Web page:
Jim Beam An American Whiskey
Jim Beam is one of the big names of bourbon, so there's no surprise to find a big man behind it all. Booker Noe isn't just physically huge, he is one of the foundation stones of the modern industry. Booker is Jim's grandson and still lives in Jim's old house in Bardstown. Talk to him and you are tapping straight into the history of bourbon itself. Today, Jim Beam is the world's biggest selling bourbon, but in 1934 things weren't so rosy. Prohibition had been in force for 13 years, and there was no stock left.
To start up again would be expensive and risky. But this didn't deter Jim who, aged 70, built a new distillery in Clermont in just 120 days. What else could a Beam do? Whiskey making runs in their veins. After all, Booker's great-great-great grandfather Jacob Beam started making whiskey commercially in 1795. This was the distilling capital of the world before it was put out of business by the government,' says Booker.
'Why did he start it up again? Remember, he'd been in the whiskey business for 40 years before Prohibition. Beams have now been making bourbon for 205 years.' Booker has now passed the reins to Jerry Dalton, the first non-Beam to be appointed master distiller. The fact that he lived in the house directly behind Booker's is pure coincidence. 'Well, even a blind hog finds an acorn every so often!' he laughs. For all his modesty, Jerry is a highly respected distiller and, though reluctant to give away too many company secrets, will take you deep into the process. There's a sequence of special quirks at work in Beam's two plants, but it's yeast that Jerry zooms in on. For Scottish distillers, yeast is merely a catalyst that converts sugar to alcohol and CO2- However, for bourbon distillers it has almost mystical properties and each firm guards its own strain(s): Beam is still using the yeasts propagated by Jim in his kitchen in the 1930s. 'Different yeasts produce different levels of fusel oil, which will ultimately have an effect on the flavour,' Jerry explains. 'In ageing, the fusel oils form esters with whatever acids are present.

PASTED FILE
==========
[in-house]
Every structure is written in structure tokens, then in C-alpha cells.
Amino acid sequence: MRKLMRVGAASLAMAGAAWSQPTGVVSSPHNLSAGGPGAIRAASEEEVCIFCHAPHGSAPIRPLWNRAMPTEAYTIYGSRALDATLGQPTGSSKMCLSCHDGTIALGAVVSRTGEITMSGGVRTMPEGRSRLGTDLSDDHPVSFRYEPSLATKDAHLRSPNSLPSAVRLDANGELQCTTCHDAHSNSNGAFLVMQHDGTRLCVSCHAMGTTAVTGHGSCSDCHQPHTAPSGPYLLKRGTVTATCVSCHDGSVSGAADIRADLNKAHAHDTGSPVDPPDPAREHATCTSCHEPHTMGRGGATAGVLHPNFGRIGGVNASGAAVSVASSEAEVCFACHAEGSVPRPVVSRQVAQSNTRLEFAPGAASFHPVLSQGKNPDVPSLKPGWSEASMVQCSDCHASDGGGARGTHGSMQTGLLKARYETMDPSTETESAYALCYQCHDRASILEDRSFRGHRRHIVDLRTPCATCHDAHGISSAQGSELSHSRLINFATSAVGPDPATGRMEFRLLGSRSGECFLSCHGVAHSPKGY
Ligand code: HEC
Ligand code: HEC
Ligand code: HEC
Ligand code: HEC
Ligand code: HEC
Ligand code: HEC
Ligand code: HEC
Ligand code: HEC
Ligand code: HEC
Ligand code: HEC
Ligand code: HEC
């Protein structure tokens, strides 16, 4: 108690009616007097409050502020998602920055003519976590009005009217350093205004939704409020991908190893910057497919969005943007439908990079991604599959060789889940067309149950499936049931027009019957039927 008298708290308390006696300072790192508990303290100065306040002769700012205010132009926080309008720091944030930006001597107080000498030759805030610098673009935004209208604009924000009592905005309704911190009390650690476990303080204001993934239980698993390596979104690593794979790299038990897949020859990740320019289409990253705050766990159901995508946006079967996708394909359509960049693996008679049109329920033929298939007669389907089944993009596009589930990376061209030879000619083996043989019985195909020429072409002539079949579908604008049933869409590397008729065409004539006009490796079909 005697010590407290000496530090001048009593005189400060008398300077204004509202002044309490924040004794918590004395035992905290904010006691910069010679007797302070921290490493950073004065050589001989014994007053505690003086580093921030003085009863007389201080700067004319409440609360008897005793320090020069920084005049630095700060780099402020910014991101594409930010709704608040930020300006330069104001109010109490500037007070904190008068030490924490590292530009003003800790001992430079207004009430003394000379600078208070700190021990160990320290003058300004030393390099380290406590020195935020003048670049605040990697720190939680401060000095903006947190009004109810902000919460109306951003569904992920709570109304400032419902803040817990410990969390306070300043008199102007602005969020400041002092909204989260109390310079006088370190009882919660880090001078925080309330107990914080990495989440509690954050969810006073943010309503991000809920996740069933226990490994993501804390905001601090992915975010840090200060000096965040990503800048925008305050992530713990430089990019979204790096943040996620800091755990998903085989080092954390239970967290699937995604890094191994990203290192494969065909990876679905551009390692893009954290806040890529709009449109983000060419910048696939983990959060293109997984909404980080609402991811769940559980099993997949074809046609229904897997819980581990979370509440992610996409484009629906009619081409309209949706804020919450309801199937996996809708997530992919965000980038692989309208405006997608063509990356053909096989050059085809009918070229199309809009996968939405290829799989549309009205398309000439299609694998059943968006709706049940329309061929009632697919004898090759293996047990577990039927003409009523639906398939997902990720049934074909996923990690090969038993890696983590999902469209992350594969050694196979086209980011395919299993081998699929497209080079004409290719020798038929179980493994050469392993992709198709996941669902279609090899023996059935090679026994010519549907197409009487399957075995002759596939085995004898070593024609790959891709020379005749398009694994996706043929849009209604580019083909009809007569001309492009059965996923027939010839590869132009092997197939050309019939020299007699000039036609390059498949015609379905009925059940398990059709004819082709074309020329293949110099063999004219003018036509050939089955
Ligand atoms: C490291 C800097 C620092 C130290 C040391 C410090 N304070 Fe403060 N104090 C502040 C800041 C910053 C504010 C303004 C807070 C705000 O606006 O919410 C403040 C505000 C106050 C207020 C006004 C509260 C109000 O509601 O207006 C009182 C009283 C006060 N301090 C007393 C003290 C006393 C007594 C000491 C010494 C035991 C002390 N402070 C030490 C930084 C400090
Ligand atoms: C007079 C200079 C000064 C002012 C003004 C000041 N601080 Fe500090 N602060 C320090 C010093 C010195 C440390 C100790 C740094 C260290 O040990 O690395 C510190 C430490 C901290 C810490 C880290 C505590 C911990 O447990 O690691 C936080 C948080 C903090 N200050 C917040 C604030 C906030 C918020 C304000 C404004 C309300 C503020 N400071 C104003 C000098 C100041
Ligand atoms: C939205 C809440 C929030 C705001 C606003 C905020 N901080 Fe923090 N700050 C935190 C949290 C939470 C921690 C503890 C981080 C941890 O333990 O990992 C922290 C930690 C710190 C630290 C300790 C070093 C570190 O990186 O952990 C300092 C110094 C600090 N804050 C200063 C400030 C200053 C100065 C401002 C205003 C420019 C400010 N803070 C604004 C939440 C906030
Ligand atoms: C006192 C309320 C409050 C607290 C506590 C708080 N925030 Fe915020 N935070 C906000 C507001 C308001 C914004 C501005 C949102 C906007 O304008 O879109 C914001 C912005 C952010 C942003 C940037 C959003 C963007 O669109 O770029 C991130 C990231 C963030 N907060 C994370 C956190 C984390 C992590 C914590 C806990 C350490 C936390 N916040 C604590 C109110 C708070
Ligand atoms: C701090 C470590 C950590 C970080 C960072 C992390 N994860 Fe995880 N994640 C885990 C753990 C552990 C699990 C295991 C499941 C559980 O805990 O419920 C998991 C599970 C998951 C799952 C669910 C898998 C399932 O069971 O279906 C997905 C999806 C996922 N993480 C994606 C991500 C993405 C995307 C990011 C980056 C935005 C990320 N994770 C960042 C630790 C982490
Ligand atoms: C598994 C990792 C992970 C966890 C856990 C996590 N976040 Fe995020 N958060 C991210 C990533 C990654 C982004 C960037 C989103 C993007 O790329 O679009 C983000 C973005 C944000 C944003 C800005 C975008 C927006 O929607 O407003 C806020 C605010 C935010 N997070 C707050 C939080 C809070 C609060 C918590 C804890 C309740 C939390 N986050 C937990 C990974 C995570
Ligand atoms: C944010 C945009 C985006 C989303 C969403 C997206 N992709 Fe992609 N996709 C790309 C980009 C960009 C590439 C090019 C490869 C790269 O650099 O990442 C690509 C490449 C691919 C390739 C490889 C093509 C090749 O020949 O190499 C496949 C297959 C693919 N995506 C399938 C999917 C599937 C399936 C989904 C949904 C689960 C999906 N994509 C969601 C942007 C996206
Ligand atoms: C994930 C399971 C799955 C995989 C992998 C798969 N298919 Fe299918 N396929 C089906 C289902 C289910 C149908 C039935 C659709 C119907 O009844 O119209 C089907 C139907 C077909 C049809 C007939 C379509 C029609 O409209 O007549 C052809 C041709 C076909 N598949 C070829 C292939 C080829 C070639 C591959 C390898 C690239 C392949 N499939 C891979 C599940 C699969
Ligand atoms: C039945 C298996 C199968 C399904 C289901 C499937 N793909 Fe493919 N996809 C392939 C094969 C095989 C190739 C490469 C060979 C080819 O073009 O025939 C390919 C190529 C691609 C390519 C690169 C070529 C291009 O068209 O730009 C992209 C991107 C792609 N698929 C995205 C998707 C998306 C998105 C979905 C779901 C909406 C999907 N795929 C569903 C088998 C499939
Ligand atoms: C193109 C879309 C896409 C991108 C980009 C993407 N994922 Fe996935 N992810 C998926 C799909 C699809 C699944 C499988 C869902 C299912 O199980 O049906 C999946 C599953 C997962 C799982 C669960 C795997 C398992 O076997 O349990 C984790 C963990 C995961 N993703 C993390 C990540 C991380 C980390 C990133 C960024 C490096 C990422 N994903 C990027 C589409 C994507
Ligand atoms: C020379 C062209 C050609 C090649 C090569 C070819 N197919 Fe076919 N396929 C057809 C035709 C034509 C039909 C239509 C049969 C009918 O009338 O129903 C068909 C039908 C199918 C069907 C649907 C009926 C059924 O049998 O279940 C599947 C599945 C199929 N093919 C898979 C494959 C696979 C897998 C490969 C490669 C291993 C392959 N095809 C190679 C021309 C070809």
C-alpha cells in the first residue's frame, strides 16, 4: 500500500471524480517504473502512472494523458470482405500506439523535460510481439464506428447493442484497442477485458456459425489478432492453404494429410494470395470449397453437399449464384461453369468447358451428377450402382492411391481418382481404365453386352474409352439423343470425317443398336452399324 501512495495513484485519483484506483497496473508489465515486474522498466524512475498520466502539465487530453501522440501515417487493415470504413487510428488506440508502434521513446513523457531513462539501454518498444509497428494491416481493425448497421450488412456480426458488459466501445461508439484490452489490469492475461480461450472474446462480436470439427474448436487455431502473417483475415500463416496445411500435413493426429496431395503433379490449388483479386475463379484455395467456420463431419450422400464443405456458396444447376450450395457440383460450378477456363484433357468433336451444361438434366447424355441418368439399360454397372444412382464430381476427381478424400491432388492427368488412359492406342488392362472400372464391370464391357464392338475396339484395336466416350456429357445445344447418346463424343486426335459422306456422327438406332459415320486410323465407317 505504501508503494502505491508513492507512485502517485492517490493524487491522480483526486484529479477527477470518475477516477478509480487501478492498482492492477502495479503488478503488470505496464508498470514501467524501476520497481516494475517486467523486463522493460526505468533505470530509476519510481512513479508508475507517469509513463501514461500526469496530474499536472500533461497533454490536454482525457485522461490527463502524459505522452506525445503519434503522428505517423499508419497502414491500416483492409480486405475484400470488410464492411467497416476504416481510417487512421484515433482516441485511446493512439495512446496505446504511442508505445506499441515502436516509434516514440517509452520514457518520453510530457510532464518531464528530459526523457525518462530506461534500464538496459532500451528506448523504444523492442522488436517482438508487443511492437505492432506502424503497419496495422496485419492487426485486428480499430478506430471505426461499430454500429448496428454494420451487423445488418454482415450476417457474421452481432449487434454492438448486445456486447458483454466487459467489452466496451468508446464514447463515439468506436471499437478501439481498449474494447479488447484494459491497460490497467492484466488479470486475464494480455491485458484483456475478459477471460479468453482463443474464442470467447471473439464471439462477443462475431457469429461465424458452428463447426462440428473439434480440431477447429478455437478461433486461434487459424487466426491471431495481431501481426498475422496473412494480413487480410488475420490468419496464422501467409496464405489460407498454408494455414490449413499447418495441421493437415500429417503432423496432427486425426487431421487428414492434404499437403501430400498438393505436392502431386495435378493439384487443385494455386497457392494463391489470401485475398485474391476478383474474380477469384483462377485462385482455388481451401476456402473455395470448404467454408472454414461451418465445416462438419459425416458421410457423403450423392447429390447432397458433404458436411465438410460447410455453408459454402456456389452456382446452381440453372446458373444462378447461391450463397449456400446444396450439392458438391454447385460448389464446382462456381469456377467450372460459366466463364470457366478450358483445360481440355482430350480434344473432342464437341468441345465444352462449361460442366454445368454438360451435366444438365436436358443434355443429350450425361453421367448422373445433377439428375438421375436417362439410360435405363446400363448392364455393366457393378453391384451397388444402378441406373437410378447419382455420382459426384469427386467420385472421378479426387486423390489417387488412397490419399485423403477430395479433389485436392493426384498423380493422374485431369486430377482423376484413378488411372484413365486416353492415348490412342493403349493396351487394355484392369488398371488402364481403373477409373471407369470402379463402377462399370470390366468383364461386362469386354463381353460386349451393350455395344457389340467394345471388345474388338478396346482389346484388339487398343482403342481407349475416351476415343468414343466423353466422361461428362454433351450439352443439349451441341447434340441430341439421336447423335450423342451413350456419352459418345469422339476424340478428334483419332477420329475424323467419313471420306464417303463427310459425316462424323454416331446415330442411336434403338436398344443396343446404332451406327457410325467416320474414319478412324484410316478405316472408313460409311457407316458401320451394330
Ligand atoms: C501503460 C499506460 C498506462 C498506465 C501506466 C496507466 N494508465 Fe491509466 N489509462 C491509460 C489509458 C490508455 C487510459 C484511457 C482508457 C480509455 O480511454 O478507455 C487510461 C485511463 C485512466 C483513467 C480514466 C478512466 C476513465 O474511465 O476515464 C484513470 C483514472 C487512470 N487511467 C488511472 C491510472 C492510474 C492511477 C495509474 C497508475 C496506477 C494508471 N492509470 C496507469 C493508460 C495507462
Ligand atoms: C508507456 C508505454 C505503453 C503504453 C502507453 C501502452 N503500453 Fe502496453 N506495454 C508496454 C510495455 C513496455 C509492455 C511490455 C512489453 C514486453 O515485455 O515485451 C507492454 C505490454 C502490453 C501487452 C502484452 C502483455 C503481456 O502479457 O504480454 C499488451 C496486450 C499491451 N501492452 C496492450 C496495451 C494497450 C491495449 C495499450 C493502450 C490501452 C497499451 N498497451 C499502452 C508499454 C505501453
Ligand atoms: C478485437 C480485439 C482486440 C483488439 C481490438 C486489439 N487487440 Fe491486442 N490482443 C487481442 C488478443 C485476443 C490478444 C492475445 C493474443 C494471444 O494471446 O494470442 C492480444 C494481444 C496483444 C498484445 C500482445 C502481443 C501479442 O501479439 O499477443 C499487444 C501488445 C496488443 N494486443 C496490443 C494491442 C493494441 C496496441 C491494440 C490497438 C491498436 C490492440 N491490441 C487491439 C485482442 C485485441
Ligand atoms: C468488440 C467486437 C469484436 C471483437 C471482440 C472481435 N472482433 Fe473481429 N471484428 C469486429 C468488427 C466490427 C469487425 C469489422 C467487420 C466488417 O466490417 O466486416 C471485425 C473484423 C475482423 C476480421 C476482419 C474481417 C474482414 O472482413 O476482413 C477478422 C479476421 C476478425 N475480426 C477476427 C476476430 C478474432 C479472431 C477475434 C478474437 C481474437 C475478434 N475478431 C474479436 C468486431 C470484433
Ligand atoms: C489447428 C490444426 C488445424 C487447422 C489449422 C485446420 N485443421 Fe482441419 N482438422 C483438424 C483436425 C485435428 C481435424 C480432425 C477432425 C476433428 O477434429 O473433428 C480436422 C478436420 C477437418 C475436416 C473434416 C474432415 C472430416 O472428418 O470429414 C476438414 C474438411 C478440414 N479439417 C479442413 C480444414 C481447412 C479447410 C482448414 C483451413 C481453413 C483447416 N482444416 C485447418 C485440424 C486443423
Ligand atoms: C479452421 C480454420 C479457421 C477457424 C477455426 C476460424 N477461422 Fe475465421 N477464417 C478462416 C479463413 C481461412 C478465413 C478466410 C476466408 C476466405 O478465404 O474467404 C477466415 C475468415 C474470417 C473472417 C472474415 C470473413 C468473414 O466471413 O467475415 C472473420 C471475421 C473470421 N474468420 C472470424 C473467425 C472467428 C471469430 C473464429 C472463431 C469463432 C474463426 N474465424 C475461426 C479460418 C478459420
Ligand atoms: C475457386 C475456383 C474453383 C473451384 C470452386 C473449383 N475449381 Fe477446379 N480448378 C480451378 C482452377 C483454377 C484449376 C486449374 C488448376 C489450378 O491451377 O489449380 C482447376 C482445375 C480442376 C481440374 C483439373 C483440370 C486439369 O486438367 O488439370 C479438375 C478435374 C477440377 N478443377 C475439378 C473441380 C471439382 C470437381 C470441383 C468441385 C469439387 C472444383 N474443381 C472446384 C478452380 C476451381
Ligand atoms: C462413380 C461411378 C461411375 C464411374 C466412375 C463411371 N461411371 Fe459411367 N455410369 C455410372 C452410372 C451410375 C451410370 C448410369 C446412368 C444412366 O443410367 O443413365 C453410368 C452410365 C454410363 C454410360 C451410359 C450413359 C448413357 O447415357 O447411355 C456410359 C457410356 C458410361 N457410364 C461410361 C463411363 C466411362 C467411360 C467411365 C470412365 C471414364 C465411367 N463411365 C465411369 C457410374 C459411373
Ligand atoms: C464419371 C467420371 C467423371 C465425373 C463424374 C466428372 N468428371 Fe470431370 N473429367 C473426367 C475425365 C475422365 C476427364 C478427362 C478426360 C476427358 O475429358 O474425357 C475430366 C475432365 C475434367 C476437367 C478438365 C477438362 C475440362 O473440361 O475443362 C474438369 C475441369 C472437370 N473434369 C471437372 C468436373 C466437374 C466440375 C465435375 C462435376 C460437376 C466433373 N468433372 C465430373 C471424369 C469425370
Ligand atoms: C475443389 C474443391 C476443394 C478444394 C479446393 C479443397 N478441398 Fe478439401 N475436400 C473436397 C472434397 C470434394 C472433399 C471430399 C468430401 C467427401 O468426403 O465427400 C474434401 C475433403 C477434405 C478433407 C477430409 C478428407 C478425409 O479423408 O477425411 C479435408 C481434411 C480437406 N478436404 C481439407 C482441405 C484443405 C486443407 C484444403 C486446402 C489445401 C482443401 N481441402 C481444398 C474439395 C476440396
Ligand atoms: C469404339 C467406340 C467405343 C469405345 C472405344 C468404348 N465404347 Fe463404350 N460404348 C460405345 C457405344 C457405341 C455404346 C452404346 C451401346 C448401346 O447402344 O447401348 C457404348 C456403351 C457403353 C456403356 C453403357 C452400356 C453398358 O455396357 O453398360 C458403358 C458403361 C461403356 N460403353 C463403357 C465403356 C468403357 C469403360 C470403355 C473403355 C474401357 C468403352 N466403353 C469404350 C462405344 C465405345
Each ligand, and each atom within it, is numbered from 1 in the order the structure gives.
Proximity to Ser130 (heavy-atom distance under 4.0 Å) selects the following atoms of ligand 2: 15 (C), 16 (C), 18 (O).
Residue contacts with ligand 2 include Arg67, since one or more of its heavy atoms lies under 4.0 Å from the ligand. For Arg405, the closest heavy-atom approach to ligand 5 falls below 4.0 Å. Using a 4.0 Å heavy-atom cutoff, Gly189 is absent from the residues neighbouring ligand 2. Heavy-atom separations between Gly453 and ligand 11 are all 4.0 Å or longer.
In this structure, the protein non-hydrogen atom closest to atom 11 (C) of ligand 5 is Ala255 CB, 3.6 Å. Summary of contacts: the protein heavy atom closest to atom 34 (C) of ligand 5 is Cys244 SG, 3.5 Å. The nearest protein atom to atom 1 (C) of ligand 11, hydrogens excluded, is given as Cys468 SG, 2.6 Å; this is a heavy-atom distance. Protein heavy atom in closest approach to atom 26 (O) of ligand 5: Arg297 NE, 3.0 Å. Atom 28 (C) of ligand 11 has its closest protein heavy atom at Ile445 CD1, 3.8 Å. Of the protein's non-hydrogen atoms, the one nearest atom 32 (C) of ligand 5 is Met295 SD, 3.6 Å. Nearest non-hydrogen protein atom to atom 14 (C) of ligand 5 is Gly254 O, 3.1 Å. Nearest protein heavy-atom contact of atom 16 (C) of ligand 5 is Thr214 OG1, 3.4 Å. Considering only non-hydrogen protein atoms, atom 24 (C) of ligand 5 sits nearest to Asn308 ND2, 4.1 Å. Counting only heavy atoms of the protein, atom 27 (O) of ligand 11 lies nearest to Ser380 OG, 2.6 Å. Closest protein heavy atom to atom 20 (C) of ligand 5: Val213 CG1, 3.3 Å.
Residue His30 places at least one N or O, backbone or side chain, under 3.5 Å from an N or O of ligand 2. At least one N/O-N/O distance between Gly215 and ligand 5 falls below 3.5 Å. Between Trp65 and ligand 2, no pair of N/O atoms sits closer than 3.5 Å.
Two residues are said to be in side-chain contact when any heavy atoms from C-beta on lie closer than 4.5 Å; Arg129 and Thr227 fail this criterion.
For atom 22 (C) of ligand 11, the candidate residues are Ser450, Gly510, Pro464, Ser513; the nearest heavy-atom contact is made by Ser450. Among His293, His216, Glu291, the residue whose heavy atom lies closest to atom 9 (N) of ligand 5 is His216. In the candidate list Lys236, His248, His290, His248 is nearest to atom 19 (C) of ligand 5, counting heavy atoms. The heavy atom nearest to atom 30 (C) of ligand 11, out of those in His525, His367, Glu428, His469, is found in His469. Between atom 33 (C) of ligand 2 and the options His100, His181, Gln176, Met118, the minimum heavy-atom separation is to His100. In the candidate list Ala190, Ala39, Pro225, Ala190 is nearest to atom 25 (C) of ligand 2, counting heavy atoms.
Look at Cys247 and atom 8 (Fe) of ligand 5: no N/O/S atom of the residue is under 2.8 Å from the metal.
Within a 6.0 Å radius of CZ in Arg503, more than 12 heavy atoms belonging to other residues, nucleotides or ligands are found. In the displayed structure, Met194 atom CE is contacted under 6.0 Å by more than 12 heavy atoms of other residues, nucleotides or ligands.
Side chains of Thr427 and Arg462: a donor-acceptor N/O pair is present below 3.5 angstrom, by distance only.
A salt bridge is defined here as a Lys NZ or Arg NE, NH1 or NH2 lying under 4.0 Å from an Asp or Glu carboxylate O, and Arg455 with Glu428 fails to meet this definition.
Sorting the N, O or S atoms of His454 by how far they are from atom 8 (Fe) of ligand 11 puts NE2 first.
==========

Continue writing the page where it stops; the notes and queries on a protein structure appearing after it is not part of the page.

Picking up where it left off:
Each yeast will give different proportions of these fusel oils, so you get different flavour profiles. When you combine the special yeasts with the higher-than-average percentage of backset (which produces what Jerry calls Beam's 'bold' flavour), and the two-and-a-half times distillation (the vapour from the beer still passes through a thumper before being redistilled in the doubler) the signature Beam character is taking shape. But if Jim Beam White Label is the world's best-known bourbon, it's the firm's small batch range which is rightly making waves. The four-strong selection is clear evidence of how complex a spirit bourbon can be, but the one closest to Booker's heart, not surprisingly, is the one which he selects personally and which carries his name. 'Booker's is the only one that's bottled at the same proof at which it went into the barrel,' he says, with considerable relish. 'It's whiskey like it was a hundred years ago'. If the style hasn't changed, the methods certainly have. Does today's high-tech approach of distilling make Jerry less of an artist and more of a scientist? 'I'm a bit of both,' he says. 'There's an art to making bourbon that has evolved over two hundred years, but I'm also a scientist who wants to find better ways to control the process and preserve the mystery behind it all'. The techniques may be space-age, but the small batch range signals a return to a time when bourbon meant big, bold and flavoursome whiskey.
'People just kinda got away from flavour,' muses Booker. 'After Prohibition they cut the proof or blended it to make it go further. Now flavour's coming back. The industry's been badly beat up, but now it's rolling again. It'll be back now that people are tasting this super-good whiskey. Hell yes, bourbon's back. TASTING NOTES Jim Beam White Label 4-year-old 80°proof Lightly oaked, with some light spicy notes. Clean and sound. * * Small batch range Basil Hayden 8-year-old 80°proof Light and rye-accented, with plenty of lemon and tobacco leaf notes. Clean, with crisp rye mixing it with dark, ripe, nutty fruit.
* * * Baker's 7-year-old 107°proof Richer, with a leather armchair kind of nose and lots of overripe fruit. Slightly biscuity to start with, then good sweet vanilla fruit. * * * Knob Creek 9-year-old 100°proof Rich and sweet with honey, blackberry and spun sugar. Elegant and super-ripe, with a hint of vanilla and some light cinnamon spice on the finish. * * * * * Booker's 7-year-old 126.5°proof Amazingly complex without water, for such a powerful Bourbon - and a bit like a grizzly bear dancing. Huge and flavour-packed with raisin, chestnut honey, black cherry, pepper, cinnamon and toffee. Rich and immensely powerful, mixing orange peel, creme brulee and tobacco/cigar blown along by a hickory wind. Immense.
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